Jennifer Keishin Armstrong
author of SEINFELDIA
Jennifer Keishin Armstrong’s new bestseller Seinfeldia is the hilarious behind-the-scenes story of two guys who went out for coffee and dreamed up Seinfeld —the cultural sensation that changed television and bled into the real world. Comedians Larry David and Jerry Seinfeld never thought anyone would watch their silly little sitcom about a New York comedian sitting around talking to his friends. NBC executives didn’t think anyone would watch either, but they bought it anyway, hiding it away in the TV dead zone of summer. But against all odds, viewers began to watch, first a few and then many, until nine years later nearly 40 million Americans were tuning in weekly. In Seinfeldia, TV historian and entertainment writer Armstrong celebrates the creators and fans of this American television phenomenon, bringing readers behind-the-scenes of the show while it was on the air and into the world of devotees for whom it never stopped being relevant, a world where the Soup Nazi still spends his days saying “No soup for you!” “Armstrong’s intimate, breezy history is full of gossipy details, show trivia, and insights into how famous episodes came to be,” our reviewer writes. “Perfect for Seinfeldians and newcomers alike.”


Welcome to an upfront seat at one of TV’s most popular sitcoms.

How does a TV studio replace the loss on Thursdays of Cheers, one of the greatest sitcoms of all time? With one that may be even better. Former Entertainment Weekly staffer Armstrong (Mary and Lou and Rhoda and Ted: And all the Brilliant Minds Who Made the Mary Tyler Show a Classic, 2013, etc.) believes that Seinfeld was special. Its “trademark bouillabaisse of cultural references and inside jokes” created “portals between its fictional world and reality,” its actors had rich characters to inhabit, and its talented writers, including star Jerry Seinfeld and Larry David, wrote smart scripts. Armstrong unfolds the show’s history chapter by chapter. Here are Jerry and David, two hardworking stand-up comedians, talking in a late-night diner, coming up with an idea for a TV show based, essentially, on them, a metashow in which little happens. At first it was The Seinfeld Chronicles. Jerry wanted it changed, and NBC president Brandon Tartikoff agreed. Armstrong then covers the “players,” how four characters were created by four talented actors, followed by the “network,” the “production,” the “writers,” and the “bizarros” (the show’s many odd ducks, including the Soup Nazi and J. Peterman). It all came together to create a masterpiece. The show’s tickets were always free, and tapings could last three hours. Even the show’s relatively minor characters became national sensations. America Online’s numbers plunged when Seinfeld was on. Just before the eighth season, David decided it was time to go. Jerry was worn out too. NBC offered him $5 million per show; he was already making $1 million. He passed, and the ninth season would be Seinfeld’s last. Armstrong’s intimate, breezy history is full of gossipy details, show trivia, and insights into how famous episodes came to be.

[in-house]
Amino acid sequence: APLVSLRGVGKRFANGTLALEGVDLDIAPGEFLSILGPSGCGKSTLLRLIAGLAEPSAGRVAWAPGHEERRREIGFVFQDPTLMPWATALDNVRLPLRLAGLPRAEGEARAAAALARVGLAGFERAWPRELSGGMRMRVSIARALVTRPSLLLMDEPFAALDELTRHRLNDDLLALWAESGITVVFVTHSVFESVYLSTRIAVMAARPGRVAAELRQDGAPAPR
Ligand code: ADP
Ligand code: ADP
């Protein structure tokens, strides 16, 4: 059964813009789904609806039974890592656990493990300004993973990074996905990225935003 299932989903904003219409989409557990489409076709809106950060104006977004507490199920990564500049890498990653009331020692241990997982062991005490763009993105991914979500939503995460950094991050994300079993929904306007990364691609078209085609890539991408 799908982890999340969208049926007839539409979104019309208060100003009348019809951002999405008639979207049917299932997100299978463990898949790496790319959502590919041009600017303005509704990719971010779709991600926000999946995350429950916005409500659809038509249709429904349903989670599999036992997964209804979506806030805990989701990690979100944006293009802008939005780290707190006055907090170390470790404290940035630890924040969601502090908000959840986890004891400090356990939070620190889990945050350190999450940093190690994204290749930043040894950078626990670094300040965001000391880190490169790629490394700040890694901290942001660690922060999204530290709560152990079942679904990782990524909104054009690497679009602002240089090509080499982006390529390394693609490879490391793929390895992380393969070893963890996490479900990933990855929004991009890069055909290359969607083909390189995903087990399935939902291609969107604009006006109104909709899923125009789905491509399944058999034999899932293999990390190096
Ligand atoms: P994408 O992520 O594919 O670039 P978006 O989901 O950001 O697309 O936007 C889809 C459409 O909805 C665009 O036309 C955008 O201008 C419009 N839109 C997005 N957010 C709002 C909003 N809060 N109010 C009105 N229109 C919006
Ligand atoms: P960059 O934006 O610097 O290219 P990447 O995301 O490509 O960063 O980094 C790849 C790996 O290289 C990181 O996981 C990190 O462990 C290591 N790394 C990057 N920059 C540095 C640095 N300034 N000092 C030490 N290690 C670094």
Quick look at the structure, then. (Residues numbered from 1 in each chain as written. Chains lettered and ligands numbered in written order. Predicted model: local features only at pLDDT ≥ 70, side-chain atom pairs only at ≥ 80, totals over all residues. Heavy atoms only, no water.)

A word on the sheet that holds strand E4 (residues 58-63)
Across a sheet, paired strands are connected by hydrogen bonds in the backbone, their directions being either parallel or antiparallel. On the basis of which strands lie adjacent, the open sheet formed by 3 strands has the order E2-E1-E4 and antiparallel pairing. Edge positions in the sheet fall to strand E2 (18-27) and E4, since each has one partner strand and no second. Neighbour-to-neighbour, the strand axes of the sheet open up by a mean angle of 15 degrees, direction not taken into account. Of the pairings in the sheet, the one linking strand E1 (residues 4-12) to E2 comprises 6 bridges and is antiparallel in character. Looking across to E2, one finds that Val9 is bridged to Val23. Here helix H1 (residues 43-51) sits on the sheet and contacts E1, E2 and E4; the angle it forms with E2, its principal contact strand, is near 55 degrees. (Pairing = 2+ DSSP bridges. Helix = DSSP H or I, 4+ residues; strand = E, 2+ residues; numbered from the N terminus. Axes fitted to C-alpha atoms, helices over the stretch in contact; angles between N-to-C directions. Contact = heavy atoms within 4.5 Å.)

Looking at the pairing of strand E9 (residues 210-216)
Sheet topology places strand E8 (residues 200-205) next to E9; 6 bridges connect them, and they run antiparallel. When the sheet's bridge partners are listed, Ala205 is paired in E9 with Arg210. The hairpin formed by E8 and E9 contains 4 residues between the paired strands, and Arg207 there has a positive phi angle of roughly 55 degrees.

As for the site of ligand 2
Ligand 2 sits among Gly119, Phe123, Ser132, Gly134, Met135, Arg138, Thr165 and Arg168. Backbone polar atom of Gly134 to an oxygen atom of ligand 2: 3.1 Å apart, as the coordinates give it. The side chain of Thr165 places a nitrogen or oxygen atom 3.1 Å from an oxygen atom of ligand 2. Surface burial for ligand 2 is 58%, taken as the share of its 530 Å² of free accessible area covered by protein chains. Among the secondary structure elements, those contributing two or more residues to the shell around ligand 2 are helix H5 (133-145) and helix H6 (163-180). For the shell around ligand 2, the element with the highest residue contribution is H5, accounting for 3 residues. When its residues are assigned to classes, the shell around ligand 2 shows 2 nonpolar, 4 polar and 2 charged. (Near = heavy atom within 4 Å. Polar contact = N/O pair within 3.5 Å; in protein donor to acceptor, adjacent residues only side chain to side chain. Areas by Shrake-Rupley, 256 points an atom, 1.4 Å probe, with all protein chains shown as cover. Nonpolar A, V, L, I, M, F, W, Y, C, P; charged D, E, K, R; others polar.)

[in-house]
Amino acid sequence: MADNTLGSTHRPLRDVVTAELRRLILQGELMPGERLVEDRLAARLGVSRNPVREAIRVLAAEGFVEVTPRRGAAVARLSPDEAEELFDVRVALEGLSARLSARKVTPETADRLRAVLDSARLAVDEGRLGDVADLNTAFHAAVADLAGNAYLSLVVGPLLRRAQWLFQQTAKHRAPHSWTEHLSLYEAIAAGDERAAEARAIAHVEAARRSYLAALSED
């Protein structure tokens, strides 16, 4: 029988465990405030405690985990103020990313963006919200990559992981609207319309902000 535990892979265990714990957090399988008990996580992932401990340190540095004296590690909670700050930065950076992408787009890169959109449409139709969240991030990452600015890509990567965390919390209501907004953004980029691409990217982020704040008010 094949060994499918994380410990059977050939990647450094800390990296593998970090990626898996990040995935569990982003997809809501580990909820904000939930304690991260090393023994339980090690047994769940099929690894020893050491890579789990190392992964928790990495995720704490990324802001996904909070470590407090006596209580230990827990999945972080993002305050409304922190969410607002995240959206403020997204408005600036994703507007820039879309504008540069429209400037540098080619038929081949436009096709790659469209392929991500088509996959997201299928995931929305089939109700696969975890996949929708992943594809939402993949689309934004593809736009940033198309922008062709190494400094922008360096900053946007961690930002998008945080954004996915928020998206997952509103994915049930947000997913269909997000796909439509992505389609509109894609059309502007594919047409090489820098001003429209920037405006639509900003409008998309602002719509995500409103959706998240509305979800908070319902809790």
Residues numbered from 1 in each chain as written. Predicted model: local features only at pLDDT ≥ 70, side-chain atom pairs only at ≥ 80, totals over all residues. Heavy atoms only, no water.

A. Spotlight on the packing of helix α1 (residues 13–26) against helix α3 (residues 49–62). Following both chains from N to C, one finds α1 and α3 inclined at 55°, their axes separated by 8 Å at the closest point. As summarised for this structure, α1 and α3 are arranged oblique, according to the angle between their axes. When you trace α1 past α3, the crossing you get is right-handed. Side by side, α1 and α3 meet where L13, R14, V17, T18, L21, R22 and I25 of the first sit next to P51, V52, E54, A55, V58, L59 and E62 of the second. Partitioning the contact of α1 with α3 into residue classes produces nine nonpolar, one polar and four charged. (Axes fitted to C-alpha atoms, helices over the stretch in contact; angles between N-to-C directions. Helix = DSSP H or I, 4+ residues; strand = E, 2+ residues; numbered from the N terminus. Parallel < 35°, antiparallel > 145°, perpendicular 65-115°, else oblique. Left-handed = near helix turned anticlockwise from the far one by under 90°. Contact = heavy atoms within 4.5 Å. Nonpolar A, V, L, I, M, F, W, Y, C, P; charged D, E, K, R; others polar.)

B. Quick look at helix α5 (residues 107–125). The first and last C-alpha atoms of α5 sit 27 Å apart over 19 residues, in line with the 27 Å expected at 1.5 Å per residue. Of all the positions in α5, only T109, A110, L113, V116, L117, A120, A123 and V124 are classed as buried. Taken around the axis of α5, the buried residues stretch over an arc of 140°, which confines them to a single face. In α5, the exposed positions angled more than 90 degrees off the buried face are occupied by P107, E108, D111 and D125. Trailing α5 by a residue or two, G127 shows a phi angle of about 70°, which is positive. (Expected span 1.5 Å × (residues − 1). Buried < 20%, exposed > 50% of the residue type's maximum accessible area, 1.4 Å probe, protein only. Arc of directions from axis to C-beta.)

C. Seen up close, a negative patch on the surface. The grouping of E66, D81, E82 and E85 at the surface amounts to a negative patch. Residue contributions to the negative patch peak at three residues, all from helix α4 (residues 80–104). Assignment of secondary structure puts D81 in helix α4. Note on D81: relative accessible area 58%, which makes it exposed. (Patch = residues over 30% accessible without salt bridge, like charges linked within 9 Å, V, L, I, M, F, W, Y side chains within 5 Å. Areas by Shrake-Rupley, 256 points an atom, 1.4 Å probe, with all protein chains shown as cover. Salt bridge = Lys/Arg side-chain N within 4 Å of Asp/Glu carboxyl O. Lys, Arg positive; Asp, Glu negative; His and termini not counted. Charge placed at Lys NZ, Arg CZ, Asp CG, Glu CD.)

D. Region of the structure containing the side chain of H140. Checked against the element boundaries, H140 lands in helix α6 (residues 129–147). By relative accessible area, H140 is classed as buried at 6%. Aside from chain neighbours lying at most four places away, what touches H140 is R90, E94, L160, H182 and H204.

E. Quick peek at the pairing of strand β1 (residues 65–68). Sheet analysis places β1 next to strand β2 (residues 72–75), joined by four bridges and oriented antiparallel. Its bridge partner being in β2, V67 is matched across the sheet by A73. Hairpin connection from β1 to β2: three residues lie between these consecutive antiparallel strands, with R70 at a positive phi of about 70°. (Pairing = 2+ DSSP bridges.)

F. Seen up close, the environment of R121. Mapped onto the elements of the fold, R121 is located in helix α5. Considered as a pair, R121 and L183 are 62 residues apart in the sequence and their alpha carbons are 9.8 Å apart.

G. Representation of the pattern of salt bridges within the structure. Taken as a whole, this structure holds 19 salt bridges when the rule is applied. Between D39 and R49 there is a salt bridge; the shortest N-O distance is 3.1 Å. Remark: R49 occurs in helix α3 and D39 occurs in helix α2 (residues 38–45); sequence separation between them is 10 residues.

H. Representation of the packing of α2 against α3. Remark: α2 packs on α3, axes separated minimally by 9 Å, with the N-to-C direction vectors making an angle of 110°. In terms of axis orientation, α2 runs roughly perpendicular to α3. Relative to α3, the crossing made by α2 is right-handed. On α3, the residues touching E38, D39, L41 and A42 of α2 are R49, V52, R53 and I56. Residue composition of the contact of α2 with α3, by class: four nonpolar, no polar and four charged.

How nothing could become something or how a national TV audience learned to live in a Beckett-ian world. Perfect for Seinfeldians and newcomers alike.

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